One brave man named Saad Hariri has done that. He warned the Lebanese against dragging their country to a fate like Greece’s. Greece’s economy and its banks had the good fortune of having the European Union intervene to save them. Who will intervene to save Lebanon when the disaster occurs?

The Lebanese need to know that their country is at a critical stage and they must understand the balance of power in the region and the world.

The Syrian regime, which some naive people believe has recovered, is but another copy of Saddam Hussein’s regime. To flee from its internal crisis in 1990, that regime found nothing better to do than embark on a crazy adventure in Kuwait.

There were in Lebanon at that time some who were betting on Saddam to win. What happened was the consecration of the Syrian occupation of Lebanon.

Perhaps the first thing that Lebanese leaders, including Shias who are not affiliated with Hezbollah, should do is adopt a frank and transparent stance motivated by the need to face reality and avoid delusion. Shia leaders should tell Hezbollah that Lebanon is more important than Iran and that Iran must not remain in Lebanon, nor can it remain in Syria, Iraq or Yemen in the long run.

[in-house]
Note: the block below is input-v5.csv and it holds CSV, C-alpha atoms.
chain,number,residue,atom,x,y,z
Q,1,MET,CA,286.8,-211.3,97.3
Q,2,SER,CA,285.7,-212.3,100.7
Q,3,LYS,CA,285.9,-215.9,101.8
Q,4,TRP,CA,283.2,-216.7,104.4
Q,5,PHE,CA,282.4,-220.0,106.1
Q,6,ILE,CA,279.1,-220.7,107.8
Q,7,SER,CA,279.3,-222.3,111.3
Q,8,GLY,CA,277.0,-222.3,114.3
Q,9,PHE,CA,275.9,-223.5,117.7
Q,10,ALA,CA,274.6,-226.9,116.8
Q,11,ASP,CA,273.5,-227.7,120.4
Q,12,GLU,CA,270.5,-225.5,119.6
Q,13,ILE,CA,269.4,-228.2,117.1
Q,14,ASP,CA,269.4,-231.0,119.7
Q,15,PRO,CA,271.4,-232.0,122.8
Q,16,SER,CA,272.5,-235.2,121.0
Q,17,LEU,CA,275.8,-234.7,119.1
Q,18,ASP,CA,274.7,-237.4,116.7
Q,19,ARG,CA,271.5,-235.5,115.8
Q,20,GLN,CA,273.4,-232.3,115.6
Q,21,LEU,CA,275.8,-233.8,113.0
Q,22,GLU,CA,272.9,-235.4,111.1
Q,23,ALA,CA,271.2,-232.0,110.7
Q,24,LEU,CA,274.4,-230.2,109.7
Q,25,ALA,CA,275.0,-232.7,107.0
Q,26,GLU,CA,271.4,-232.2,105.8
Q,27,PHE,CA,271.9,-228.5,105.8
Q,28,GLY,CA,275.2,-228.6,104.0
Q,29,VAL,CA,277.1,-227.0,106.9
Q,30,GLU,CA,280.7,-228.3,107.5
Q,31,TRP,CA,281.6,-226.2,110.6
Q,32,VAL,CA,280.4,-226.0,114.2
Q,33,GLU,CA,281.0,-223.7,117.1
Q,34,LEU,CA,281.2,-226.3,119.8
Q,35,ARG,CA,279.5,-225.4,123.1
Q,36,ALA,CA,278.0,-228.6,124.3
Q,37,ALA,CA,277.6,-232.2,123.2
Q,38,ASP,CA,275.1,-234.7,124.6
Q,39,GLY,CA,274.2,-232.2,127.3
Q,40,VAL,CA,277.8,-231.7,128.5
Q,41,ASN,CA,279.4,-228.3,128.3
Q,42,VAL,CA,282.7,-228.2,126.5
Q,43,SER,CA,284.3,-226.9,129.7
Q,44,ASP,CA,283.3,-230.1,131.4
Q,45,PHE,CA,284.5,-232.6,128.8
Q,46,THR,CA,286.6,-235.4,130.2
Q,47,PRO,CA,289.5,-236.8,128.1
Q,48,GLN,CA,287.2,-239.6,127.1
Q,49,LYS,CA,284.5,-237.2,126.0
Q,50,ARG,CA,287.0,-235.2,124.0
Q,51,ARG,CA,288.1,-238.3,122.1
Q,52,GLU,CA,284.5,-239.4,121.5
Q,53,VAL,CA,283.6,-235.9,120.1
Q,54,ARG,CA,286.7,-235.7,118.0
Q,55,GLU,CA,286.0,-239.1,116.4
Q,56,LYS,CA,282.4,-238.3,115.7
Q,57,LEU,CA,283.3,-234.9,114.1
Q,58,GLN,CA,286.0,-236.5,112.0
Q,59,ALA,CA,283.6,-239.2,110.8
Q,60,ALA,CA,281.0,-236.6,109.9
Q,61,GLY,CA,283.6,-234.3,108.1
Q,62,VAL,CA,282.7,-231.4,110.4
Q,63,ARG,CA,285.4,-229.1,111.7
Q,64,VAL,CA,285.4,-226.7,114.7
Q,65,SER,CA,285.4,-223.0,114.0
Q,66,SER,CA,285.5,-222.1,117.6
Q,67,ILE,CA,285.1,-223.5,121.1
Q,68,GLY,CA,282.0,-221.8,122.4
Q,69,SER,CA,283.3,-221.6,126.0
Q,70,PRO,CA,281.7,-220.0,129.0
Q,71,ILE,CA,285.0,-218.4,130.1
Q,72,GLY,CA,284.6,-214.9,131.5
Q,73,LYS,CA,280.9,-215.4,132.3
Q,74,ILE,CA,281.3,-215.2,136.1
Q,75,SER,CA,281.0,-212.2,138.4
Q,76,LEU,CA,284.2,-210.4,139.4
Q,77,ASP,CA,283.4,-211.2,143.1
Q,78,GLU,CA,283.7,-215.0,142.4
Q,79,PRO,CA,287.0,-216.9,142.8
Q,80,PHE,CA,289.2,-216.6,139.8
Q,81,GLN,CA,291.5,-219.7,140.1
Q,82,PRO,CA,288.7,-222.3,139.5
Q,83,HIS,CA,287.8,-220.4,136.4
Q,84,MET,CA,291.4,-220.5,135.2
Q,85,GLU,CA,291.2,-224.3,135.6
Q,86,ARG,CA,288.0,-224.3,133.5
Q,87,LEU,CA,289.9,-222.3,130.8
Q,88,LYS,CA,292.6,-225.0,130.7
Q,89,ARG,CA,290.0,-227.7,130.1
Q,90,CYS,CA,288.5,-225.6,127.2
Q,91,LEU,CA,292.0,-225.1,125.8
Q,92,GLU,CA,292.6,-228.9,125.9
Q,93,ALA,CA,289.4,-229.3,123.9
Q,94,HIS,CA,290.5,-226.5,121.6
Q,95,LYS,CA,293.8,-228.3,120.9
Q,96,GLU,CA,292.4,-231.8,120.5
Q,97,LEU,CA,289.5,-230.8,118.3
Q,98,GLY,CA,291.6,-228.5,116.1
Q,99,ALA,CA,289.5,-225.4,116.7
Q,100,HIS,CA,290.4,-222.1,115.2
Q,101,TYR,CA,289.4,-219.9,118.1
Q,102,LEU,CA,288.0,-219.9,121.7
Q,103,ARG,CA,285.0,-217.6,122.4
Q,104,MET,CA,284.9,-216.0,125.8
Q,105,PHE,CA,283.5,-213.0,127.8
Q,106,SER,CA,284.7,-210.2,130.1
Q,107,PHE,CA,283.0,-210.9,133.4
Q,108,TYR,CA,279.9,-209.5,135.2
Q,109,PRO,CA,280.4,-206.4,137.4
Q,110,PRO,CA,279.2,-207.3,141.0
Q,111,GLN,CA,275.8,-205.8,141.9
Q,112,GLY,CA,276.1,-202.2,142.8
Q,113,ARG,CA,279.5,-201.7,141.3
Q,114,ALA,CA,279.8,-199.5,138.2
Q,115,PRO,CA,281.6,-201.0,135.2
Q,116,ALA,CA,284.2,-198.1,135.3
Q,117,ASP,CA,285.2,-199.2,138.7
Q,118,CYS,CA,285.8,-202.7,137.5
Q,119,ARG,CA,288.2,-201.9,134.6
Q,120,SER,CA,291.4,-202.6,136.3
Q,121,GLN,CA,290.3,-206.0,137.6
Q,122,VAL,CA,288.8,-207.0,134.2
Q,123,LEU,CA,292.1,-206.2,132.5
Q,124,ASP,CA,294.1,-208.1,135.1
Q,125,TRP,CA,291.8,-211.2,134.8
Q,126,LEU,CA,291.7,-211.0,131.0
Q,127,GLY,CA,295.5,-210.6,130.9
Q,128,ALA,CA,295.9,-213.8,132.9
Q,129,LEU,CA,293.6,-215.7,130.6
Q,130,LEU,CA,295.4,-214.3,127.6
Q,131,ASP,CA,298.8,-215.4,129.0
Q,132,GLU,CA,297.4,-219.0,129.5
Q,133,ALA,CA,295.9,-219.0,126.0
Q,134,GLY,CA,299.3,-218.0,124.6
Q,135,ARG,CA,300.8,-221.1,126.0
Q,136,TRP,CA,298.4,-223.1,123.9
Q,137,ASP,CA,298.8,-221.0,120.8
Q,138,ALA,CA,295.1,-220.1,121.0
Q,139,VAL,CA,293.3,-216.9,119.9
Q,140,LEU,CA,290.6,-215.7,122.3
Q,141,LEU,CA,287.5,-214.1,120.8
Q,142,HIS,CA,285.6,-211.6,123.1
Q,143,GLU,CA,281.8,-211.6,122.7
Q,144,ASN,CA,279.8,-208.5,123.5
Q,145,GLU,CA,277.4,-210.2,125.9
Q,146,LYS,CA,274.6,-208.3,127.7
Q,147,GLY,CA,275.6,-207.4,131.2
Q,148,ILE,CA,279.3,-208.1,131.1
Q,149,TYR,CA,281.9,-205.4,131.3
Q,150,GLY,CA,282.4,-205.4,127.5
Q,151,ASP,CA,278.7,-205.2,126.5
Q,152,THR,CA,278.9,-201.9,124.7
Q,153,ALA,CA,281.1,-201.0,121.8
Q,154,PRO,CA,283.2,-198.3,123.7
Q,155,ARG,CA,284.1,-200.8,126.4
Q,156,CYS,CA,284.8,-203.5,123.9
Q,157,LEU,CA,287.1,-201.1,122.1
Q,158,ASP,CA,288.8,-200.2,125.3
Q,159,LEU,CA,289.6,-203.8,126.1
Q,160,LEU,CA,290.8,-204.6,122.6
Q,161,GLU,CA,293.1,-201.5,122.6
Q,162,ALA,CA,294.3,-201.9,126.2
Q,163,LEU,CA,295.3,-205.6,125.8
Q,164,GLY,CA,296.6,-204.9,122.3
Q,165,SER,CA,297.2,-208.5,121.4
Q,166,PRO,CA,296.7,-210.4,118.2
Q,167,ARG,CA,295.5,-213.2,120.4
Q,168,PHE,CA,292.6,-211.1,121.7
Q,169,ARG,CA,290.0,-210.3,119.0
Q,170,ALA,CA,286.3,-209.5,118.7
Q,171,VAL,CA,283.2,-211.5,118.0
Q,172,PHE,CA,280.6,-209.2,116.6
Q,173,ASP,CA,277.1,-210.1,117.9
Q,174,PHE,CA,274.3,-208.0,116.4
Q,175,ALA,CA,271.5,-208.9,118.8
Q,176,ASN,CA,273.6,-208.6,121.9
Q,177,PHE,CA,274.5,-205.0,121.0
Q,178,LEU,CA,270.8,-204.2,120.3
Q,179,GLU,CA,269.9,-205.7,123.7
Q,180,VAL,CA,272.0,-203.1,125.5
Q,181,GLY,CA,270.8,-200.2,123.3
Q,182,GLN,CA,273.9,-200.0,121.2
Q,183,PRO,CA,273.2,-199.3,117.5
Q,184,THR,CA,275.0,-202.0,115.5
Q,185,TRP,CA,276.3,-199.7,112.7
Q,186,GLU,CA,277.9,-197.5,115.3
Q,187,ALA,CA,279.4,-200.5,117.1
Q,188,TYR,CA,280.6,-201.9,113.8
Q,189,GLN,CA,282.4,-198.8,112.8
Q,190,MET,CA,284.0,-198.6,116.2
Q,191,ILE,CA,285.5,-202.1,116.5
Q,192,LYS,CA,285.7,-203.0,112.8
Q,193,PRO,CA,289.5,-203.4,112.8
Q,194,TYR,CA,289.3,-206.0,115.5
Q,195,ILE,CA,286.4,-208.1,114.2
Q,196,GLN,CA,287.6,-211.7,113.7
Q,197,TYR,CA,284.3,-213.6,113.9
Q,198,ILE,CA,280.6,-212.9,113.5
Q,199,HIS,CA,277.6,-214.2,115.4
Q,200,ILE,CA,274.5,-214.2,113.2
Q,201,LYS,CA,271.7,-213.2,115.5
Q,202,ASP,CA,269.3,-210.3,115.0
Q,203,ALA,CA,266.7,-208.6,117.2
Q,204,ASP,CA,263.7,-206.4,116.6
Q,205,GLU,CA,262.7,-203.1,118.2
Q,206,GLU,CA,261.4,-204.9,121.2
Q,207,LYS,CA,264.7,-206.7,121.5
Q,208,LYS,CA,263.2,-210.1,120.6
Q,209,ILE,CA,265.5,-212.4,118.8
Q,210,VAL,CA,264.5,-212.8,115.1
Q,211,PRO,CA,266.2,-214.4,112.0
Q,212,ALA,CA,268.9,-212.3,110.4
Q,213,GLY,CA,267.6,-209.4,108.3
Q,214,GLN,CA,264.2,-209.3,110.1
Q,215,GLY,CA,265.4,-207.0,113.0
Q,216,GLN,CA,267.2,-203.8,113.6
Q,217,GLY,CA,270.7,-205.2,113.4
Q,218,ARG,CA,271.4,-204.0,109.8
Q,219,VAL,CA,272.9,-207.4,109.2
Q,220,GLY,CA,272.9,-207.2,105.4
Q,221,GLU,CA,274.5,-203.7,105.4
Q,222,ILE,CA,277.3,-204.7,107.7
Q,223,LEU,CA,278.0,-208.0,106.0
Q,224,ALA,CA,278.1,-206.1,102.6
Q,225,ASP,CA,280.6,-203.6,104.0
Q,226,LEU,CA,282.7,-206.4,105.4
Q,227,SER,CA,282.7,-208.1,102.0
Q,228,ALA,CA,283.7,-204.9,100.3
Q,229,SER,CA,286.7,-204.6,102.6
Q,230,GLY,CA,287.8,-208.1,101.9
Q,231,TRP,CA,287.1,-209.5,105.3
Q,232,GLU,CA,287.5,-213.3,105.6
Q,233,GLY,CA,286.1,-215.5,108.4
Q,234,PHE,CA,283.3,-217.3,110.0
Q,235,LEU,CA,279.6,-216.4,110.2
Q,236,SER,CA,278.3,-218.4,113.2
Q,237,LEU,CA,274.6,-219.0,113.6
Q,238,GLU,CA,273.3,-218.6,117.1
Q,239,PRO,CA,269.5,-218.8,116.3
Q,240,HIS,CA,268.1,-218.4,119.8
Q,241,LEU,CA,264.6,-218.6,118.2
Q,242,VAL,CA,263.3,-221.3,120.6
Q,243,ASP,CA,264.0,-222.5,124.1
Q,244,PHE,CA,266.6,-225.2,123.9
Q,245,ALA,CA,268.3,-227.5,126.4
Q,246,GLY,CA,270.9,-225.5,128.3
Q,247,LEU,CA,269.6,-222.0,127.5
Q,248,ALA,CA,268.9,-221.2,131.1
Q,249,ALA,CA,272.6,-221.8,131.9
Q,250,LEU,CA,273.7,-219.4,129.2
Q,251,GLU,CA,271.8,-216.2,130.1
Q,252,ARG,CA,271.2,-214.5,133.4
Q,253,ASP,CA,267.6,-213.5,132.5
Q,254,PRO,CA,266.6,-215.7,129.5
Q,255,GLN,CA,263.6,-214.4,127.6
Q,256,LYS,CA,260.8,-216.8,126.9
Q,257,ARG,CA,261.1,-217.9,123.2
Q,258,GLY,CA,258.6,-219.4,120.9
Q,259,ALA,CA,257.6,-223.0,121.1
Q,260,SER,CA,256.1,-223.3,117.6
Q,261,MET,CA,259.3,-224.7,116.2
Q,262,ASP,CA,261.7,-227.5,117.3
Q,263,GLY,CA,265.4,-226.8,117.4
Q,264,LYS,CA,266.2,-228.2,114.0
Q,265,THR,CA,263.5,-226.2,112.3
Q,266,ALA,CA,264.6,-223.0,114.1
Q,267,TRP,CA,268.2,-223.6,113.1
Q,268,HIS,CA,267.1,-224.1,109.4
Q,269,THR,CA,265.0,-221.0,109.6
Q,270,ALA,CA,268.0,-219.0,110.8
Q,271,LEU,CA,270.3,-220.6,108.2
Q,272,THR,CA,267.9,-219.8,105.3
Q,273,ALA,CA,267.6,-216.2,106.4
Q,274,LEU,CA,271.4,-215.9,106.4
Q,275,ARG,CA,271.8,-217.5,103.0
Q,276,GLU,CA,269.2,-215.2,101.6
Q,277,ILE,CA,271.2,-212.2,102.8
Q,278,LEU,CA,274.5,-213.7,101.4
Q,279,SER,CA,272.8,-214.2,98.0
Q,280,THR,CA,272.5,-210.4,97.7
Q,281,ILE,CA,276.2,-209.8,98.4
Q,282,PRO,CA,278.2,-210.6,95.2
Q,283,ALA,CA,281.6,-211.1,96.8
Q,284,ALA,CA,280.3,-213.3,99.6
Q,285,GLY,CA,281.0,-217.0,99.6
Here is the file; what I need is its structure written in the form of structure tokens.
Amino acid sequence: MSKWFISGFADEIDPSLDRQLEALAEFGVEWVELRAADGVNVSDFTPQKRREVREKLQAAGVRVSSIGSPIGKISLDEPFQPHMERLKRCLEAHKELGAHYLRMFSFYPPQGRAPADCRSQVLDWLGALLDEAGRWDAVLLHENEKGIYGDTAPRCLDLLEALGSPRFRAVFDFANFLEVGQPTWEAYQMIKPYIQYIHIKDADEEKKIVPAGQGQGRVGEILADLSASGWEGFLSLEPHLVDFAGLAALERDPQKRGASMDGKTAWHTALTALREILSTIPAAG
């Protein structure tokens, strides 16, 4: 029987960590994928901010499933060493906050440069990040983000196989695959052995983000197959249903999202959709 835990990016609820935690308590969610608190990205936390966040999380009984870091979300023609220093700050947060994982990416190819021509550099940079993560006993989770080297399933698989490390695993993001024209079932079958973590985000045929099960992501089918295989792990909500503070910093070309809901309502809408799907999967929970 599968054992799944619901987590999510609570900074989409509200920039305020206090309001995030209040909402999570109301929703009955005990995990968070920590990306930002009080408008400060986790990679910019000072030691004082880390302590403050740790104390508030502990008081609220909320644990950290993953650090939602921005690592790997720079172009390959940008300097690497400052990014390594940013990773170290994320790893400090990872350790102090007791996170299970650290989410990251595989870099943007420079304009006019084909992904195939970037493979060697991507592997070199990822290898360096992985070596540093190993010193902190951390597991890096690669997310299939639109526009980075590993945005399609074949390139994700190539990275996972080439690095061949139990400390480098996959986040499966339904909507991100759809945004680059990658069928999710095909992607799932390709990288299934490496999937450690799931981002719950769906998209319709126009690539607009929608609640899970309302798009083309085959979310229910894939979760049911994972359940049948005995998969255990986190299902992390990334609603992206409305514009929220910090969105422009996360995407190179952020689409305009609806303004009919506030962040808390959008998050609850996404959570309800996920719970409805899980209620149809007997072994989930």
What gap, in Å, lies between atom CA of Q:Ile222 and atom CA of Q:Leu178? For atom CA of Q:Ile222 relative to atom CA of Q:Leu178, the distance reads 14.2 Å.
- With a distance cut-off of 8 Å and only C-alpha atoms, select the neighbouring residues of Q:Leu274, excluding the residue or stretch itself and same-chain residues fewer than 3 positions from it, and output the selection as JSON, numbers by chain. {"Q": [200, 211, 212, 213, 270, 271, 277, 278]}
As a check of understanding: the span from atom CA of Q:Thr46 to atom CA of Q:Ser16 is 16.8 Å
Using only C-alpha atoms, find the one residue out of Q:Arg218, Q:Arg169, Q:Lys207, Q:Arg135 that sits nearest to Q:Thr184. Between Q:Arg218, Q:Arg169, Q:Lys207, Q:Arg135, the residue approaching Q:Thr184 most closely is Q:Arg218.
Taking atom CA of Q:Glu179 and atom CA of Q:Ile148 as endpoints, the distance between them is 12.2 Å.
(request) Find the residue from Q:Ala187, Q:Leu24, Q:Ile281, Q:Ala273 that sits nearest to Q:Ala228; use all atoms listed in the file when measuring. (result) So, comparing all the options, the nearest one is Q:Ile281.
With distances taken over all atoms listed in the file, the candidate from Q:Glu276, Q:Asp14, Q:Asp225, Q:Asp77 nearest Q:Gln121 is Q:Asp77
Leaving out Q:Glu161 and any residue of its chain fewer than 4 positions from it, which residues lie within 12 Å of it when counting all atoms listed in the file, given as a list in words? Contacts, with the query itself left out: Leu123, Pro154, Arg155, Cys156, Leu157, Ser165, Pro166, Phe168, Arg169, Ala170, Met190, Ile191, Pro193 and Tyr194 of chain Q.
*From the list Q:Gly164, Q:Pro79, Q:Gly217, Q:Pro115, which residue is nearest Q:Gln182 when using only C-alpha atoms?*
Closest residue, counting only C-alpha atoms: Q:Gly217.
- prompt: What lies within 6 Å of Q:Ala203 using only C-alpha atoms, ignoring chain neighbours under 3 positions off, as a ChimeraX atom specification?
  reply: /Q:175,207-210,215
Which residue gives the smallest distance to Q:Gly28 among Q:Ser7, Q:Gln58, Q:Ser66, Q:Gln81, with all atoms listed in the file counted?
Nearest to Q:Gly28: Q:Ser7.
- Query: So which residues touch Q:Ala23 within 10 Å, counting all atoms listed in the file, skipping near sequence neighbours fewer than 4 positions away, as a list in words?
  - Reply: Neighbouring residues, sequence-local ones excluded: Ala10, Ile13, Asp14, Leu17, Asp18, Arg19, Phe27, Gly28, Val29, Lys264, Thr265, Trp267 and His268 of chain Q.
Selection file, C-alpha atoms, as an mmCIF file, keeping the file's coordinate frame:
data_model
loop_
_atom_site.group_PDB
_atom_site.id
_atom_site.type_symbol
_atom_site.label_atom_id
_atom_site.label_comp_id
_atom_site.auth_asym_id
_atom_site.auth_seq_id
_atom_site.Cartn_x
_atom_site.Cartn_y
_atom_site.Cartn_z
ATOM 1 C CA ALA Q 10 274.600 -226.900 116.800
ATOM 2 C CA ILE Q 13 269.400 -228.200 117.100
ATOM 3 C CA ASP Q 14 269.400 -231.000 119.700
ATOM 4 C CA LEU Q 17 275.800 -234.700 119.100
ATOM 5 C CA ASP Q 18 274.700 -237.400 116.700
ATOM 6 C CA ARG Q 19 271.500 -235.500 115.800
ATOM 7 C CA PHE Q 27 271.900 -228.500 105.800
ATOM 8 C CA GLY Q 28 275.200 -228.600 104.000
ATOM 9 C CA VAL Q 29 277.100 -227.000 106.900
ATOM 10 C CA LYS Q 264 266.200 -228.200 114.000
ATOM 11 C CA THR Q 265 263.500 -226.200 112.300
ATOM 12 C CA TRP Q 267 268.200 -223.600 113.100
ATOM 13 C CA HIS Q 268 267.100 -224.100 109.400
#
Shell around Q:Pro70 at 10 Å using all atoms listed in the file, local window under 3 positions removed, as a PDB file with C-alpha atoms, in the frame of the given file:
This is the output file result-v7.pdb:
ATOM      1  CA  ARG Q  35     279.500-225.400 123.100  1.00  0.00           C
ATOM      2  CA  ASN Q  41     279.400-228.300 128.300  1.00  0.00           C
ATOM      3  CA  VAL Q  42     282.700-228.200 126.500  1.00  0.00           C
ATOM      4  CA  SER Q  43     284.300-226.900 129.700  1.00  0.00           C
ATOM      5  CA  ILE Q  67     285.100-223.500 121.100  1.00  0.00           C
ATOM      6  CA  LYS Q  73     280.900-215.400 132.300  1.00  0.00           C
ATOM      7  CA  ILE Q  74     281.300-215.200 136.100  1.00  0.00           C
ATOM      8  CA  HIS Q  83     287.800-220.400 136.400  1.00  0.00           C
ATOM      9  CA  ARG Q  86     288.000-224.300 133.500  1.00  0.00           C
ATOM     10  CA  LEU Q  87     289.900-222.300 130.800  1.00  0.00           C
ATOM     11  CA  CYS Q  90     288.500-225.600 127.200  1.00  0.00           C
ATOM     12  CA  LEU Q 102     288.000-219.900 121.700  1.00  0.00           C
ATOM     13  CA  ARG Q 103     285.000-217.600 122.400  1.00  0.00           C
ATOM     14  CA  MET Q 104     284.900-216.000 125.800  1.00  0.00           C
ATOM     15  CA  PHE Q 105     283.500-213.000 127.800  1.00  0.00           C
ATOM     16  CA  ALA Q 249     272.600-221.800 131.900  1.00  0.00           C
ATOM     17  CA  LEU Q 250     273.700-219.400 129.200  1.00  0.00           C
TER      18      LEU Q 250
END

Lebanon has much to lose if it circumvents required reforms and pursues a policy based on the fact that Hezbollah is a Lebanese party. If Hezbollah is far from calling itself Lebanese, why do some Lebanese officials resort to that ridiculous subterfuge?

Reality says Iran cannot win its war with the United States. It certainly can cancel its agreement to the nuclear deal but that wouldn’t change anything.

The problem of Europe and the United States with Iran is no longer residing in the nuclear deal. Their problem concerns Iran’s ballistic missiles and its behaviour outside its borders. Iran has no solution to its internal crisis other than continuing to increase its meddling outside its borders, including in Lebanon.

Are there in Lebanon politicians who want to understand that the country’s interests require a new balance of power that does not consider the world as a charity?

Most important, there should be Shia voices that dare say the game of “resistance” and “refusal” is outdated and that Lebanon must deal with reality and not with the illusion that Hezbollah is a Lebanese party. There is a need for a Shia voice that will reconcile Lebanon with reality.